Spring turkey hunting success and safety comes down to the same thing — proper planning.
“Be aware of what’s around you," Jeff Barnes, recreation safety officer with the Iowa Department of Natural Resources, said. "Even if you’re on private property, there could be other hunters out there who are coming to your call. Remember, turkey hunters are skilled in the art of concealment. Don’t shoot at movement; don’t shoot at sound; no turkey’s worth it. I encourage hunters to only shoot after they see the turkey’s beard. Being safe is important because the people we hunt with are our family and close friends.”
Hunters who do shoot a turkey are encouraged to not carry it over their shoulder to avoid someone mistaking it for a live bird and take a shot. Barnes suggested hunters use a blaze orange turkey transport harvest bag.
Practicing safe hunting becomes more crucial as the annual spring leaf out progresses.
“The later it gets in May, the harder it is to see. Hunters need to stay vigilant to identify the bird and the beard,” he said.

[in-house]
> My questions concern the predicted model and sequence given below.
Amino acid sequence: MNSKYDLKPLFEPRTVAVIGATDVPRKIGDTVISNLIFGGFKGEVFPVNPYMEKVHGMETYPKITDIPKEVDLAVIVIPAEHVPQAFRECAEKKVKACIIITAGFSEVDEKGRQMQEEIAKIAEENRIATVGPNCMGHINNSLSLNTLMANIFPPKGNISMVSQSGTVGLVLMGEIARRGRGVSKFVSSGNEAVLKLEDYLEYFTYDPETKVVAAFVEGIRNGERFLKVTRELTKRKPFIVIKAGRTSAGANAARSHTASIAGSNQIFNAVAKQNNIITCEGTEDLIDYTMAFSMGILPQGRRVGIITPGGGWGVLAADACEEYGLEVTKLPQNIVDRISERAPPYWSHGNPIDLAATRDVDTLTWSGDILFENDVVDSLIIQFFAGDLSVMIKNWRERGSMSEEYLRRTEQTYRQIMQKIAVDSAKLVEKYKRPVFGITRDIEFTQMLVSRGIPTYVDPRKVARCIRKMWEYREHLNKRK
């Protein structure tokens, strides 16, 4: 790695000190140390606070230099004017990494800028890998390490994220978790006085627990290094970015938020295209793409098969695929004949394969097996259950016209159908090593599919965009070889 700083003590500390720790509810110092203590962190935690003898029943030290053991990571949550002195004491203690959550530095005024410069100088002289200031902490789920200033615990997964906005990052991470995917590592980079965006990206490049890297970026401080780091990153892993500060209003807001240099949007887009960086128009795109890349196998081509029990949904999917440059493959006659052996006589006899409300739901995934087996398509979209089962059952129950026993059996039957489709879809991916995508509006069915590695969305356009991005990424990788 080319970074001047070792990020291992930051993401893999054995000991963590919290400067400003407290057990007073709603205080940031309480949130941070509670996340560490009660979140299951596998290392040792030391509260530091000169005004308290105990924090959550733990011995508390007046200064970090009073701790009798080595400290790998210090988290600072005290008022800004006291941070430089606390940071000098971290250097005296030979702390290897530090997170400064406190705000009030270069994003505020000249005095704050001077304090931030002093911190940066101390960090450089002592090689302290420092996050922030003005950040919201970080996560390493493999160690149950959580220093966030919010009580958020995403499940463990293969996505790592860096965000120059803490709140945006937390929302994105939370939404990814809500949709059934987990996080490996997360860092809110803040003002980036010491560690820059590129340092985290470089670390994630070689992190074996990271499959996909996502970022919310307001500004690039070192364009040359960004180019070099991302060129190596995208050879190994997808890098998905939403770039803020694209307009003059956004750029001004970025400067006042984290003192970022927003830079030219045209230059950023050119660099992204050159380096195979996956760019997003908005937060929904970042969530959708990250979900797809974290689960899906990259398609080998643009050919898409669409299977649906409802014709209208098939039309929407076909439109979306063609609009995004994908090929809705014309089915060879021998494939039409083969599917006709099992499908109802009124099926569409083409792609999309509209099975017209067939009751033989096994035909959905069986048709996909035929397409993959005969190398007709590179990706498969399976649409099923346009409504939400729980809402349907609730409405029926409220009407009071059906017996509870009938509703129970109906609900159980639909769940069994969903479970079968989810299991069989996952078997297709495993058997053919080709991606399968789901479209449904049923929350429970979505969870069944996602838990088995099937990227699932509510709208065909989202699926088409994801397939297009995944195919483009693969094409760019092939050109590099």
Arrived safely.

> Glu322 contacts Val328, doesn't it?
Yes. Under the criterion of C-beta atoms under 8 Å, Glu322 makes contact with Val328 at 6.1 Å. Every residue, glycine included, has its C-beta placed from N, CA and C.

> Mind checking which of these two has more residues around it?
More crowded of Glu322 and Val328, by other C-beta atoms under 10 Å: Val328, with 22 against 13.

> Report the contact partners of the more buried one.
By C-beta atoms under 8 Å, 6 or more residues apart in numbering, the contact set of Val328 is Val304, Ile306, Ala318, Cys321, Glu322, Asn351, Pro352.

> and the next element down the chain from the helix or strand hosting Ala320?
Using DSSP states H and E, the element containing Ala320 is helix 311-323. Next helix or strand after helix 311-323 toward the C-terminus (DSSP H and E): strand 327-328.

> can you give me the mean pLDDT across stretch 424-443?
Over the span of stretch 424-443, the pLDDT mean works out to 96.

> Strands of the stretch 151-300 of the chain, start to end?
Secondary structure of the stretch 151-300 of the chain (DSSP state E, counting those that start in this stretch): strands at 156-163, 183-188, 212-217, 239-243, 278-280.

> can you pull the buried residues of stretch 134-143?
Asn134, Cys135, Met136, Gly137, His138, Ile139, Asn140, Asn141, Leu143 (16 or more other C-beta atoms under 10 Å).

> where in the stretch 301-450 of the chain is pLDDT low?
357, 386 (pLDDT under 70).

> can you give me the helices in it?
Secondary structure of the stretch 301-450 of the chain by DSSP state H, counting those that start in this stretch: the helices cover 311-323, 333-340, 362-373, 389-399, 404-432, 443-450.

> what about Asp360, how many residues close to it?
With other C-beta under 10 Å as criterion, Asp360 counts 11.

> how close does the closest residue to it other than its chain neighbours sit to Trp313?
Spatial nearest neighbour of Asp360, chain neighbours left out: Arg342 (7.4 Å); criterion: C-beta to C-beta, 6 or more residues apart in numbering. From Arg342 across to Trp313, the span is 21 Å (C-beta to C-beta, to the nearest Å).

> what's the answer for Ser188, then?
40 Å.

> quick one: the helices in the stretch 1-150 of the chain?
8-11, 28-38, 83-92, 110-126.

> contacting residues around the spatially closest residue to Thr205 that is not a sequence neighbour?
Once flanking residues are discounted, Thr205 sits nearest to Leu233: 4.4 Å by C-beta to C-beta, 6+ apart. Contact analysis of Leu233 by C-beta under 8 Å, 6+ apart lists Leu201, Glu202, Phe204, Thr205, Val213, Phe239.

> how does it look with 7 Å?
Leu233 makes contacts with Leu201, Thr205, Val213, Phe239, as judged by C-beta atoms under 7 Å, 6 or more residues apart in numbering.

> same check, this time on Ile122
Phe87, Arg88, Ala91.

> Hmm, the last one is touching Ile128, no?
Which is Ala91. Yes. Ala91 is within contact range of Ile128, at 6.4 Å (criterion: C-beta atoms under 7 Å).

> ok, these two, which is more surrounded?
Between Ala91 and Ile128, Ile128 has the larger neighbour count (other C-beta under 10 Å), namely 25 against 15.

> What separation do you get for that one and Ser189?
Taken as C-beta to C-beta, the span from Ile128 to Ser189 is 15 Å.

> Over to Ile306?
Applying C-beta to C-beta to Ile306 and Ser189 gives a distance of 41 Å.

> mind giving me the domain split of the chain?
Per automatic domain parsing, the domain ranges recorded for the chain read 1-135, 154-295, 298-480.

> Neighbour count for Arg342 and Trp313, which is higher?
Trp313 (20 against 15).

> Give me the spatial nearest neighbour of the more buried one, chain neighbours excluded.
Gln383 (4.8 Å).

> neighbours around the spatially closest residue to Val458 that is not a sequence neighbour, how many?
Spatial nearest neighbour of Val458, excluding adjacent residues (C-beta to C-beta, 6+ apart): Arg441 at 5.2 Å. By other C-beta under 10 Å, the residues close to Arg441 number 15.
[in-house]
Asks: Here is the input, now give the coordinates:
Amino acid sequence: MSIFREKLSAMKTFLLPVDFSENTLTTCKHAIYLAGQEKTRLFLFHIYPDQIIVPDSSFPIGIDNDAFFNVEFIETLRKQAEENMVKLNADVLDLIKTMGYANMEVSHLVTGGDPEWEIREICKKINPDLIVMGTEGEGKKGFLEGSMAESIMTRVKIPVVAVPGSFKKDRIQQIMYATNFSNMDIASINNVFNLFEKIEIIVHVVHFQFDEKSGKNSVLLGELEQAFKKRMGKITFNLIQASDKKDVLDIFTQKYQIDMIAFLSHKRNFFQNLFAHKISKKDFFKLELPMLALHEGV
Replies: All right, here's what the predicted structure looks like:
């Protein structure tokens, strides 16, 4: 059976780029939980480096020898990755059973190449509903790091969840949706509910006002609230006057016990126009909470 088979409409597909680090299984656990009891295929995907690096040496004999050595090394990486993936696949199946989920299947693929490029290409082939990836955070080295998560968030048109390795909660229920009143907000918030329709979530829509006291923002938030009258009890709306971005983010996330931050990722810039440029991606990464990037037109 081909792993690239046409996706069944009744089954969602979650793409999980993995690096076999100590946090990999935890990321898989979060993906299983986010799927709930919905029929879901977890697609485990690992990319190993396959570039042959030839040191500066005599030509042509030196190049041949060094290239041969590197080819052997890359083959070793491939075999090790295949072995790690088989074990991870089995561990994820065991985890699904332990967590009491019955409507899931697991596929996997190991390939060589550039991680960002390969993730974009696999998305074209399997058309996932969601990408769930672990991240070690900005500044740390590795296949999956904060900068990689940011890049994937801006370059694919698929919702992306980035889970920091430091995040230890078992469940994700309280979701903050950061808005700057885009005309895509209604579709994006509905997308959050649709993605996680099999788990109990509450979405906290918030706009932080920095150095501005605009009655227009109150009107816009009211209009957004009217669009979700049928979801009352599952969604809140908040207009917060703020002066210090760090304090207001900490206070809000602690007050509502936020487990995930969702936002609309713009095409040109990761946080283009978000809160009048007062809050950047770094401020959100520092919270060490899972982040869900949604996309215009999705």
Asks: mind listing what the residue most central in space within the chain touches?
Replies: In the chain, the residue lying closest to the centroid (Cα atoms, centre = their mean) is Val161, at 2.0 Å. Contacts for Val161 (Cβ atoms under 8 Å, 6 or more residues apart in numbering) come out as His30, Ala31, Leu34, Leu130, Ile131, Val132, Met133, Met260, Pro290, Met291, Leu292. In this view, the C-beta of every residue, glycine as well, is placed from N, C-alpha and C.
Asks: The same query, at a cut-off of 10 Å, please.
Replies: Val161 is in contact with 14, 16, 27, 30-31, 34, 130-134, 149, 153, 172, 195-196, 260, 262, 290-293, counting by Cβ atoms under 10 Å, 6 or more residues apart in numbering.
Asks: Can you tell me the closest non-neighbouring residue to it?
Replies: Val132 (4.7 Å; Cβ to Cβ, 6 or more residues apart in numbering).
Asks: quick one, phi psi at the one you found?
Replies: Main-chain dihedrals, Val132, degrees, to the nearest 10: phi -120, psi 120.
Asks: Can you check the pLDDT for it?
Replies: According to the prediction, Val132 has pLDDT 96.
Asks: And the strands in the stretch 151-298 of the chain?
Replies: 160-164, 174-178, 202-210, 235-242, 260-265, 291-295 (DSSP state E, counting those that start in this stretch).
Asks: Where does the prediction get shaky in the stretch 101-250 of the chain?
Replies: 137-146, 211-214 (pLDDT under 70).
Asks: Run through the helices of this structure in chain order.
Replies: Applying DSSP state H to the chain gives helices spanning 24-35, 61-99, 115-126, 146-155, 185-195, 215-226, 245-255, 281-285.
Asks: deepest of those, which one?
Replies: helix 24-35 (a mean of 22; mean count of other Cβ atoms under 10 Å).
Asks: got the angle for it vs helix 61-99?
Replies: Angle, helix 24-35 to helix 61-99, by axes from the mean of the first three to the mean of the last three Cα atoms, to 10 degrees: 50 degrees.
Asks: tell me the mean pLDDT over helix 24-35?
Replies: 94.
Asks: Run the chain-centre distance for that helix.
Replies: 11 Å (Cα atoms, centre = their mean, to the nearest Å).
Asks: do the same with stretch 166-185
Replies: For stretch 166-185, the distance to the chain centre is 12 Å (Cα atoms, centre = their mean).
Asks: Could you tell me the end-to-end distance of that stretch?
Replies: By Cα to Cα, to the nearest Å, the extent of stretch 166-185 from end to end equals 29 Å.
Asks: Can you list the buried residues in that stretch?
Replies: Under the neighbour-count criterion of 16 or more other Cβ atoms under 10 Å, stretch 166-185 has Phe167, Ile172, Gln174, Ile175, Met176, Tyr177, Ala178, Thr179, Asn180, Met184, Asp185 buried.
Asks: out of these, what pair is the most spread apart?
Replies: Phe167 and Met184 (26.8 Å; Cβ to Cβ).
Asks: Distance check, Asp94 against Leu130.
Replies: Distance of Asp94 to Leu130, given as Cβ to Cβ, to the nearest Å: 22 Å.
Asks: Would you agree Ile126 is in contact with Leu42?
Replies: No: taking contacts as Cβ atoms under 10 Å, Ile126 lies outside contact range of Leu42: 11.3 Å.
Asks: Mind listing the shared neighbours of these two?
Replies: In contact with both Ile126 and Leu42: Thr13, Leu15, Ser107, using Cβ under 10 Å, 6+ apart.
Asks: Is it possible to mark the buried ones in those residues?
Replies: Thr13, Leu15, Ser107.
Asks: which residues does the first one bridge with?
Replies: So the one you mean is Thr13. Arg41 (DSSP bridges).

• Plan to wear blaze orange when moving from one spot to another because you never know if someone else is out there, even on private land.
• Avoid wearing patriotic colors – red, white, blue. These same colors are found in a turkey’s head.
• Be aware that mushroom hunters will be moving through the timber in late April and May. Mushroom hunters are encouraged to wear blaze orange and avoid red, white and blue.
• Plan to add bug spray and drinking water to the field bag
• A blind is good for concealment and when taking kids turkey hunting, but not for moving around. If you plan to be mobile, don’t bring the blind.
• If hunting private land, be sure you have permission and know the property boundaries.
• Even if hunting private property, the potential exists that someone else may be out there. Trespassing calls increase during turkey season.
• Be extremely careful if planning to use a turkey fan to hunt. Another hunter may mistake you for a turkey.